BUCKSPORT, Maine — Town officials are in discussions with a developer of assisted living facilities potentially interested in the Jed Prouty building, a former hotel that has anchored Bucksport’s Main Street for more than two centuries but has sat vacant in recent years.

A couple identified by town officials as John and Rhonda Chambers of Washington County have expressed an interest in converting the 228-year-old building into an assisted living complex for elderly residents of all incomes.

The couple has approached Bucksport officials about receiving financial help from the town to help pay for the substantive and costly renovations that would be required to convert an aging building that has been uninhabited for at least six years.

On Thursday, Town Council members voted to hold a public hearing on Sept. 29 to solicit feedback from the community about whether the municipality should help foot the bill to redevelop the historic property.

Town officials have been working for several years to find a new buyer for the former Jed Prouty Inn and Tavern and have even discussed purchasing the property from the bank that now owns it.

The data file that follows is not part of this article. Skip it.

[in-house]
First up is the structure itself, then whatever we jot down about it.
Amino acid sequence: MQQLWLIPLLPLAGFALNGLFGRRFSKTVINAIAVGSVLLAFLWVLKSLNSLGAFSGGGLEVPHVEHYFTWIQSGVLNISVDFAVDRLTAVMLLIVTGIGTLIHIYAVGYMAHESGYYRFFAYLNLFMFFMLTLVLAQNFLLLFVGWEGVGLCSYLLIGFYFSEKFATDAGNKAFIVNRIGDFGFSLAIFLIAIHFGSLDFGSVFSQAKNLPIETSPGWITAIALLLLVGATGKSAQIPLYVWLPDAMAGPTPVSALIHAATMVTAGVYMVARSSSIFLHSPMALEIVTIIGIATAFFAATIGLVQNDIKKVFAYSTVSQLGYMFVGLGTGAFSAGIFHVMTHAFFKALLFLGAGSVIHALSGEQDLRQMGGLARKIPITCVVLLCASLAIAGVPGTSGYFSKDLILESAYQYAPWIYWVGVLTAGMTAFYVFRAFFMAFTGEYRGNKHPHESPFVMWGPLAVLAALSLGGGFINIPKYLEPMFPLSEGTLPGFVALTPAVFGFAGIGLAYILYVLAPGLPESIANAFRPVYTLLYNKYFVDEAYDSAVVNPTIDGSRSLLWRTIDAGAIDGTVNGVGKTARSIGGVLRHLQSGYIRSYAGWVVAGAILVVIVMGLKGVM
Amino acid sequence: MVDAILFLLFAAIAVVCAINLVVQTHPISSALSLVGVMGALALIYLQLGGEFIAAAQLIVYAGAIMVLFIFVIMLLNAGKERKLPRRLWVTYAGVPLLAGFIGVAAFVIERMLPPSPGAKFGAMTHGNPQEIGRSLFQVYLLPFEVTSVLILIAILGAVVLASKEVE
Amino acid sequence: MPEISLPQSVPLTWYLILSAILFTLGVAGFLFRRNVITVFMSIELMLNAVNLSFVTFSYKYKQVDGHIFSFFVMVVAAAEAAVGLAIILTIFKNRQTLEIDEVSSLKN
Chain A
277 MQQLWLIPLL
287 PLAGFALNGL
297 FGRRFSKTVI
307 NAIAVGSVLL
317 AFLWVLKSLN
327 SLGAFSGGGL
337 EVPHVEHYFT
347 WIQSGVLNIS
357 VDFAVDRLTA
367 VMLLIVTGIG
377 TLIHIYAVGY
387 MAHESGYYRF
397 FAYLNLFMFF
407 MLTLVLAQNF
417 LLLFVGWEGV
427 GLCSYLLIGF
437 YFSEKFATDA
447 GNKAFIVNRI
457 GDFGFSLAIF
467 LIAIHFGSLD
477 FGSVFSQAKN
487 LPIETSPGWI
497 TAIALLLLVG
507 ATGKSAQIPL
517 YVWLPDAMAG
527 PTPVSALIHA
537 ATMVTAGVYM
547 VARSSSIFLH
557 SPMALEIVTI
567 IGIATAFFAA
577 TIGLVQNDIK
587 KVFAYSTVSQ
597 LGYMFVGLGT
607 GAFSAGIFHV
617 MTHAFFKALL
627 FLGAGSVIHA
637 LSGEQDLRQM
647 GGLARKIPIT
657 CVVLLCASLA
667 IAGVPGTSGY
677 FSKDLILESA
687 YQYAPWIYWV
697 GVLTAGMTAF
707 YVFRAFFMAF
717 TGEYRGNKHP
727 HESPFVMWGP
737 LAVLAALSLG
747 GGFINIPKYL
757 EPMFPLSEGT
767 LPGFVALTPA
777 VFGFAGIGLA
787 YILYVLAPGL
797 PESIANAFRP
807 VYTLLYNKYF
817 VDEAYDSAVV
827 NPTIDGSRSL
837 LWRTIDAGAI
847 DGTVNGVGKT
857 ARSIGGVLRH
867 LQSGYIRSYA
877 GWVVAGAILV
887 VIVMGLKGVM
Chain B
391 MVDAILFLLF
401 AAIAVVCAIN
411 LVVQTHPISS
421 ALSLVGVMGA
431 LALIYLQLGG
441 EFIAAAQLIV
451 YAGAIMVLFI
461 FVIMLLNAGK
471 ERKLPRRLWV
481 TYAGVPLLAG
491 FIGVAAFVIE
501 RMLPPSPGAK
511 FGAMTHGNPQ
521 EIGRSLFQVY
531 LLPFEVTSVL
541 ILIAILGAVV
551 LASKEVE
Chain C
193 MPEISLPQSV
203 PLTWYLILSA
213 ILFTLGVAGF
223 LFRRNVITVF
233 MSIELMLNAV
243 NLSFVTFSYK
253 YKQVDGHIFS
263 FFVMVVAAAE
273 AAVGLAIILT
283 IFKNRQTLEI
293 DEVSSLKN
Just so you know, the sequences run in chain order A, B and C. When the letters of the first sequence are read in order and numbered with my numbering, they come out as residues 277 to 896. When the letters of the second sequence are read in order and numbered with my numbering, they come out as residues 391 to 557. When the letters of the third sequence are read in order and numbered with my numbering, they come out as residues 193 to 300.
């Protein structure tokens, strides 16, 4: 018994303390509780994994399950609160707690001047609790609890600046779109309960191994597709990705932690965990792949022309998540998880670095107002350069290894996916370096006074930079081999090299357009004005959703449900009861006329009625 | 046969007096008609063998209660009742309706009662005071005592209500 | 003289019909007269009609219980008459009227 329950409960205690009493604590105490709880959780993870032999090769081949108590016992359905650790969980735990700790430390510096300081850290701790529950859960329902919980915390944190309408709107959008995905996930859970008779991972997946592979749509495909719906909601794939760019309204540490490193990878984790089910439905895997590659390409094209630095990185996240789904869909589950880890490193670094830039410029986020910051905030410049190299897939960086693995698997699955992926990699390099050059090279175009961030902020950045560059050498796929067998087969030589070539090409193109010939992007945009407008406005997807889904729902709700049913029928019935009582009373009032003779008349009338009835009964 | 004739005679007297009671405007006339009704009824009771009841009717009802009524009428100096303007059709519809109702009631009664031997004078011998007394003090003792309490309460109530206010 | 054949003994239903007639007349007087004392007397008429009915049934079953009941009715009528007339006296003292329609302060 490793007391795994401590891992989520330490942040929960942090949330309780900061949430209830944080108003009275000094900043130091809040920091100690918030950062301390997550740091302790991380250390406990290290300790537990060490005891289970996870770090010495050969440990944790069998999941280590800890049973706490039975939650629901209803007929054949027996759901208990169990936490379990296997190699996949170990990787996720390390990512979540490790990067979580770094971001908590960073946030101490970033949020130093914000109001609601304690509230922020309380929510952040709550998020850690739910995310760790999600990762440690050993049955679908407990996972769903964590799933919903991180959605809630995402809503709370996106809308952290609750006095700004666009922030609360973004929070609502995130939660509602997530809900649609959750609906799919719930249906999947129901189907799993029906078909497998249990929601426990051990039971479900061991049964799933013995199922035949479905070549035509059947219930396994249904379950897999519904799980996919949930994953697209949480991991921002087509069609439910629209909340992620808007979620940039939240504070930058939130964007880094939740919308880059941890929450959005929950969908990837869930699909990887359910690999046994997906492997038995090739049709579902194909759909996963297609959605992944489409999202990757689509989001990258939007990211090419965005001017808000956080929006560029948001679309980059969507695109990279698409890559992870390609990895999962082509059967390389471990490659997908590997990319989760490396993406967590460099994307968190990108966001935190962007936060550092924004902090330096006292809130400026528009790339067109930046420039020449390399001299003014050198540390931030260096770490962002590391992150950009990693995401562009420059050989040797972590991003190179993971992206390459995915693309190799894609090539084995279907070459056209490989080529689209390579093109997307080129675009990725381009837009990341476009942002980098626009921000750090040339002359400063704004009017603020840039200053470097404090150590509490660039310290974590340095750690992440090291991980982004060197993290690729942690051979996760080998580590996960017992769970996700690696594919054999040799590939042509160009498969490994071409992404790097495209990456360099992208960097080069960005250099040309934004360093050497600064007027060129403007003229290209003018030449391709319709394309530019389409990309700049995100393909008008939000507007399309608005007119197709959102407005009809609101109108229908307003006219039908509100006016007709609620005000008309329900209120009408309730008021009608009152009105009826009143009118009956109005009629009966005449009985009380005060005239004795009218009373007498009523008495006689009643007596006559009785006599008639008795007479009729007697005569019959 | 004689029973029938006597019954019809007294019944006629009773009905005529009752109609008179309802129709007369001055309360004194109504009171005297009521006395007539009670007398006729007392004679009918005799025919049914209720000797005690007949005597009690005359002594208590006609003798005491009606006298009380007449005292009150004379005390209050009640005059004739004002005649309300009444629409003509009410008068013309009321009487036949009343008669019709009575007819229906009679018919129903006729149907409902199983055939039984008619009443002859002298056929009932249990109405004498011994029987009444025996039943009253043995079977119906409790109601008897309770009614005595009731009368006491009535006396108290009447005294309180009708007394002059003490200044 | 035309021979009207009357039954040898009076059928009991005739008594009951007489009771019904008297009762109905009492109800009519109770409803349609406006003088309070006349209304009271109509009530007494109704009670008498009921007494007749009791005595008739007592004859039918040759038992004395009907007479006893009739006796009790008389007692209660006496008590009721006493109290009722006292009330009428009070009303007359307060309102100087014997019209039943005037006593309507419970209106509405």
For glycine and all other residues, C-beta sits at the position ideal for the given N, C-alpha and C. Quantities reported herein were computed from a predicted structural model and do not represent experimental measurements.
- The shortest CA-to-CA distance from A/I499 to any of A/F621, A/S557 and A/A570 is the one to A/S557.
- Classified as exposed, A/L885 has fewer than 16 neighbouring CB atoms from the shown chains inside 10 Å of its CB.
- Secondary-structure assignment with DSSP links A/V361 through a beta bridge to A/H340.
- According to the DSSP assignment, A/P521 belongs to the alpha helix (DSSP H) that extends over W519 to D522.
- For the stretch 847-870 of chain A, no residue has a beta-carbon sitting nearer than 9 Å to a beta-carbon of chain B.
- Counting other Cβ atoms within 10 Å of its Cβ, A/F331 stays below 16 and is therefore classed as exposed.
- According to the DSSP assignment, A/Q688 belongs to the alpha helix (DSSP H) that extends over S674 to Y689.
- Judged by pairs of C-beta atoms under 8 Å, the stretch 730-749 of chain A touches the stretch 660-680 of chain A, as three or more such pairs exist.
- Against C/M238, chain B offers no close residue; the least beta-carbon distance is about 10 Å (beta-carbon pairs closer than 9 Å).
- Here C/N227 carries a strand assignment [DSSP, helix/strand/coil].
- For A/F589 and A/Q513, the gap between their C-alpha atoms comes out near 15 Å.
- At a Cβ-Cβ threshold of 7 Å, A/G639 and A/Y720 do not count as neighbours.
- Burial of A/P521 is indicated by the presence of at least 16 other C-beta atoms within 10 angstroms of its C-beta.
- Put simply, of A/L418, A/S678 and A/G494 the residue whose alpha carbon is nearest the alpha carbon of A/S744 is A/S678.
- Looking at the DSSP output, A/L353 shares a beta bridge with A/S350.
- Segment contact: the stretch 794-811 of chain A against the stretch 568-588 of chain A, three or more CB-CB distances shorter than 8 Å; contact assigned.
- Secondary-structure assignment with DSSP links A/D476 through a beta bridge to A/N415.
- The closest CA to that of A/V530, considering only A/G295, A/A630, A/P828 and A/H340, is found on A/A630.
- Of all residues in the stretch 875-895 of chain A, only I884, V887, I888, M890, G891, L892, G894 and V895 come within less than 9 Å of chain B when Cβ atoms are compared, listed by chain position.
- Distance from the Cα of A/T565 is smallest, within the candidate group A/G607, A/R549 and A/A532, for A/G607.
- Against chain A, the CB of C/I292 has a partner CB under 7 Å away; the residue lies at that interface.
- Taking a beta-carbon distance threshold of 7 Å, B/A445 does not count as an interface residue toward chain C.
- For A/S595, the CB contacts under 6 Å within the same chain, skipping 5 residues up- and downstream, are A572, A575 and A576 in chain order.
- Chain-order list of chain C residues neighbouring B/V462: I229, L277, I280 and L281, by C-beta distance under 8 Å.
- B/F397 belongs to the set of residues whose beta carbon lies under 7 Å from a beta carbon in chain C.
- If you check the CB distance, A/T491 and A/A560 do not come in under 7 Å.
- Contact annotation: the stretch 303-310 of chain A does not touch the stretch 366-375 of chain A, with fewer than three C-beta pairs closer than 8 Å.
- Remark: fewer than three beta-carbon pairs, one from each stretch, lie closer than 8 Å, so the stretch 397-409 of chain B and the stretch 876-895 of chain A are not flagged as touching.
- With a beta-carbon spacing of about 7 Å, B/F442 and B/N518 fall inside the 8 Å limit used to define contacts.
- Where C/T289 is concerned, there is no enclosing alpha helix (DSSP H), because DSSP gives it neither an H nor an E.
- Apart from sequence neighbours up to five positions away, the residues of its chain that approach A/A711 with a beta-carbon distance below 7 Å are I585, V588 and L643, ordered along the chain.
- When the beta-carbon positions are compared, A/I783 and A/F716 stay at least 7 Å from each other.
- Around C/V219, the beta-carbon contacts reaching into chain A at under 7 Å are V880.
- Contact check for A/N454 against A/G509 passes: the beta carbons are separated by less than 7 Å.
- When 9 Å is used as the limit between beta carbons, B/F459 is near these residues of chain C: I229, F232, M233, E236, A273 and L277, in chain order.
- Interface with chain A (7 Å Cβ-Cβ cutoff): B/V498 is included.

Estimates to rehabilitate the old building range from $180,000 to $300,000 on top of the purchase price of the building. Town Manager Roger Raymond said Thursday evening that the town might be asked to contribute $150,000 to $200,000 toward the renovations in some form or another, but the council wants to hear back from residents before venturing too far into negotiations.

The project, if completed, could meet two goals of the Town Council, Raymond said. It would provide affordable assisted-living housing to local senior citizens while making sure “the Jed Prouty continues to be a focal point for the downtown area,” Raymond said.

“Because if something does not happen to that building soon, it is going to end up on the chopping block,” Raymond said Thursday evening.

Dating to 1783, the three-story building originally was constructed as a double house by a prominent merchant in Bucksport. The building was converted to an inn around 1820 and provided accommodations to four presidents, according to a brief history posted on the town’s website.

But the building has sat empty for much of the past quarter century. It was home to an assisted living facility for several years about a decade ago, but that business failed.

The Chambers operate several assisted living facilities in Washington County, Raymond said.